Juan Declet-Barreto

Climate Scientist

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Juan Declet-Barreto is a climate scientist for the UCS Climate & Energy program and the Center for Science and Democracy. He partners with environmental justice groups and activists to research the potential effects of carbon trading on disadvantaged communities, as individual states begin implementation of the EPA’s Clean Power Plan. See Juan's full bio.

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Photo: Barry M. Goldwater Historic Photograph Collection

Climate Justice Requires Prioritization of The Poor and Vulnerable

The legend of the mythological Phoenix tells the story of a “female sacred firebird with beautiful gold and red plumage”. It was said that at the end of its centenarian plus life-cycle, the Phoenix ignited herself among a nest of twigs, and, reducing itself to ashes, a new young Phoenix would arise from the smolder.  It’s a fitting metaphor for Phoenix, Arizona, a relatively young city at 150 years, yet located in the Salt River valley, a Sonoran Desert region that has been inhabited and abandoned by people for thousands of years before its current form as a sprawling metropolitan area.

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Photo: Barry M. Goldwater Historic Photograph Collection (FP FPC 1, Box 8, Folder 1. Historic Photographs, Places: Canals and Irrigation. 1890-1901. Arizona Collection, Arizona State University
Photos: – Barry M. Goldwater Historic Photograph Collection
Sanborn Fire Insurance Map from Phoenix, Maricopa County, Arizona
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Photo: Vasiliki Volkova/Unsplash

Oregon Climate Impacts: 2019 is The Year for Bold Climate Legislation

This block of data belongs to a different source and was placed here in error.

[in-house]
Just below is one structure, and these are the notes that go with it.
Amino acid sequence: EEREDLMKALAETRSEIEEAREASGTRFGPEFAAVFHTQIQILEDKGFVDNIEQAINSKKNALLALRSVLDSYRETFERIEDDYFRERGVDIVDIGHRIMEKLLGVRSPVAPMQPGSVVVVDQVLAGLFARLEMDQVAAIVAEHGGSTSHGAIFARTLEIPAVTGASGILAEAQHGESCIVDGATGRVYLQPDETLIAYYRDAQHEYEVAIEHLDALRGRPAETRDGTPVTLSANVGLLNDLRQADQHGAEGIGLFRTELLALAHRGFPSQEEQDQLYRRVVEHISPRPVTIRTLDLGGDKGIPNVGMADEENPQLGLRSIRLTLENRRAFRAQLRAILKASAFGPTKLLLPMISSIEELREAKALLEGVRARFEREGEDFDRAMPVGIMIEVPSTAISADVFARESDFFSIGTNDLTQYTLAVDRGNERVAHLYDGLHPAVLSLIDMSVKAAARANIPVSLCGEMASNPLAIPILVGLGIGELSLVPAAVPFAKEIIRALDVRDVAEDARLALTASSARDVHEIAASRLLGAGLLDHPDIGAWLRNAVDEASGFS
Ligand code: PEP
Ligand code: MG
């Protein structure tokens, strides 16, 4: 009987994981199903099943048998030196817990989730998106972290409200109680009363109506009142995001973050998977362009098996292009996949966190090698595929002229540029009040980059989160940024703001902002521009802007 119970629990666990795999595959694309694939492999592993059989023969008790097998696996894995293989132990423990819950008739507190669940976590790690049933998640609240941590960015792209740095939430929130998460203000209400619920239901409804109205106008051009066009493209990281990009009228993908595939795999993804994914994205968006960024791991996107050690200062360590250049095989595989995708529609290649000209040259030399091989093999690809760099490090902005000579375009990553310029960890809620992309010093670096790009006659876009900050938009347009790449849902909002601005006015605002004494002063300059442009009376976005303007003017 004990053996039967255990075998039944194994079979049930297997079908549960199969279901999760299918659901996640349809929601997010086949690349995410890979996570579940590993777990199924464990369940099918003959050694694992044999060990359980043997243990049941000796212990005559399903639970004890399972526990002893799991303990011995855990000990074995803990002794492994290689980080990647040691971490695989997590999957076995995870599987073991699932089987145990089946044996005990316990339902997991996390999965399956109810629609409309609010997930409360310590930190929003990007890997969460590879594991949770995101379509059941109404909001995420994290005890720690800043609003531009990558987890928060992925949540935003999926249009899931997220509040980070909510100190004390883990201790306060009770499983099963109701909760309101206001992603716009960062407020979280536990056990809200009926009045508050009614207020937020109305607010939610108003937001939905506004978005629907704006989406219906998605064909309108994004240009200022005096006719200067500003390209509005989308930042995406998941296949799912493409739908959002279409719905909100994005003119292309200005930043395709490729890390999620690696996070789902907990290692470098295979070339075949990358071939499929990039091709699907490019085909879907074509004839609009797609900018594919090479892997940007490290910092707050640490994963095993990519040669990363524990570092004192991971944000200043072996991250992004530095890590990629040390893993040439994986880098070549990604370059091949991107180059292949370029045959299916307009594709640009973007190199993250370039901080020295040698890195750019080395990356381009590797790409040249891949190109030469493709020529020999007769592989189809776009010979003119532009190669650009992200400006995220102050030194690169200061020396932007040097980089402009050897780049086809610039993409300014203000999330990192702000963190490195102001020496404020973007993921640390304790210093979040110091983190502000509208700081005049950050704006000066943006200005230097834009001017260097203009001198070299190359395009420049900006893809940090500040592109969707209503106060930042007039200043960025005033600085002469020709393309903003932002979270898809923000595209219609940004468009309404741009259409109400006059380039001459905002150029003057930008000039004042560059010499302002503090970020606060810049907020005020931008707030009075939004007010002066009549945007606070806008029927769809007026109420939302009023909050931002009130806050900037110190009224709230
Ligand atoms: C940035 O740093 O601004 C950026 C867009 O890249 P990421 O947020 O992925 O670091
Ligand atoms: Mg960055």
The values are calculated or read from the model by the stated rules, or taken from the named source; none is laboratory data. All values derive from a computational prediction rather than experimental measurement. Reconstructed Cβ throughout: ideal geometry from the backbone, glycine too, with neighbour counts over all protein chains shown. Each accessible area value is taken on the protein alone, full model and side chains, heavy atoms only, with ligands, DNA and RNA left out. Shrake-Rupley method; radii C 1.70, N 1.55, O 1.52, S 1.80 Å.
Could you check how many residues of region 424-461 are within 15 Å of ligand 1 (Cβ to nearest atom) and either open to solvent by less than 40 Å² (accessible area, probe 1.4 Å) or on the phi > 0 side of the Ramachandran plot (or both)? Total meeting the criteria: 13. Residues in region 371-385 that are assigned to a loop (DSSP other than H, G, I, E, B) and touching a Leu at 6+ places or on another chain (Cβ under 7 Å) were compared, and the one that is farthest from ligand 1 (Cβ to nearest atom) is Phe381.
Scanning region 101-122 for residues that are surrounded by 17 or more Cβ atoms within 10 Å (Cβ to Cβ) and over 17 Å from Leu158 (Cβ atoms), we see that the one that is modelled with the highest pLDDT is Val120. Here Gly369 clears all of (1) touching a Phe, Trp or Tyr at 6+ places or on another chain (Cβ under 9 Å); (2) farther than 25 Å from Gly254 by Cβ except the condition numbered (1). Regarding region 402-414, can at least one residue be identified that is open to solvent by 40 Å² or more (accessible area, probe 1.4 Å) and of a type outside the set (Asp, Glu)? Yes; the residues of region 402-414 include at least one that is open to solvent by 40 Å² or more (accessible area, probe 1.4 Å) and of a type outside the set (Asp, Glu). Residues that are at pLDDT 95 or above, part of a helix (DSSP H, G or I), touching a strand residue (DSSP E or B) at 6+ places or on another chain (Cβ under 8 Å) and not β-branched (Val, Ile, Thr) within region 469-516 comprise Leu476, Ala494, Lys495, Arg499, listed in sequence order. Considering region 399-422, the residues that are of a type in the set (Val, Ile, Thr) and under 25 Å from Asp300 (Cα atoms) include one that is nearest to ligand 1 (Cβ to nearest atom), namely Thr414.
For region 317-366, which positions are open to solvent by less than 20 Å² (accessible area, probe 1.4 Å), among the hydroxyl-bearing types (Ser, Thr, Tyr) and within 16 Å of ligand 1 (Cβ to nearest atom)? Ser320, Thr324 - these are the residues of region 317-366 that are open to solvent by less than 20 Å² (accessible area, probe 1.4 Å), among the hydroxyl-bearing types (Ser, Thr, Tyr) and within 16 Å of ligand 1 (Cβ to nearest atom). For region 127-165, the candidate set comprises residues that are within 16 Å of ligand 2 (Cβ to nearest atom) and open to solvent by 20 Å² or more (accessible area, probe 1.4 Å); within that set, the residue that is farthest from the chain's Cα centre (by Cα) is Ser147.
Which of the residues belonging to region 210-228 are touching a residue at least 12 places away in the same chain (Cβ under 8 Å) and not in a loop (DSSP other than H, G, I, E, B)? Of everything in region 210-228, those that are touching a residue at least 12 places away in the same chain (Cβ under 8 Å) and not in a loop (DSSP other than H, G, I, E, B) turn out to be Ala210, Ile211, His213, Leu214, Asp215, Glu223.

In the last decade or so, Oregon has endured destructive wildfires, reductions in snowpack, and declining fisheries.  First responder and resident Oregonian communities alike still vividly recall the devastation brought by the 2003 B&B Complex wildfire. Although the Beaver State had a good 2018 ski season, snowpack this winter is more than one-quarter down from what has in the past been considered ‘normal’. Ocean acidification is killing oyster and plankton in farms along the Oregon coast.

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Photo: Vasiliki Volkova/Unsplash
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May Day protest in New York City in 2017.
May Day, NYC, 2017. Photo: Alec Perkins CC-BY-2.0 (Flickr).

NCA4 warns climate change puts our workforce at risk. The case of Latinos shows what we can do about it.

Given that Latinos, along with other groups of color will continue to become a larger share of our workforce, and are more at risk than others to be seriously affected by the impacts of climate change, it is critical that as a society we invest to make them an economically-secure, healthy, and resilient workforce. Read more >

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Photo: Juan Declet-Barreto

Mr President, More Than 3,000 Deaths is Not an “Incredible, Unsung Success”

Last year, I thought throwing rolls of paper towels at victims of Hurricane María in Puerto Rico was the lowest that President Trump could go in disrespecting and failing the people of Puerto Rico in the midst of the climatic catastrophe that was personal to me and my family on the island. But this morning he went even lower with his tweets denying the death toll from Hurricane María in Puerto Rico, adding insult to injury to an enormous disaster exacerbated by a failure to prepare and to help the island recover. Read more >

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Photo: Juan Declet-Barreto

Puerto Rican Scientists and the Communities They Serve: “Resistance is Resilience”

We are coming up on the one-year anniversary of the devastation caused by Hurricane María in Puerto Rico. As part of the Puerto Rican diaspora in the United States and like thousands more of my compatriots abroad, I spent a frustrating, depressing, and maddening year viewing the fiscal and climatic catastrophe unfold from afar, and collaborating with others in the diaspora and other sectors of American society to send emergency aid, advocate for immediate federal action, and making myself useful any way I could for Puerto Rico and the US Virgin Islands.

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Photo: Juan Declet-Barreto
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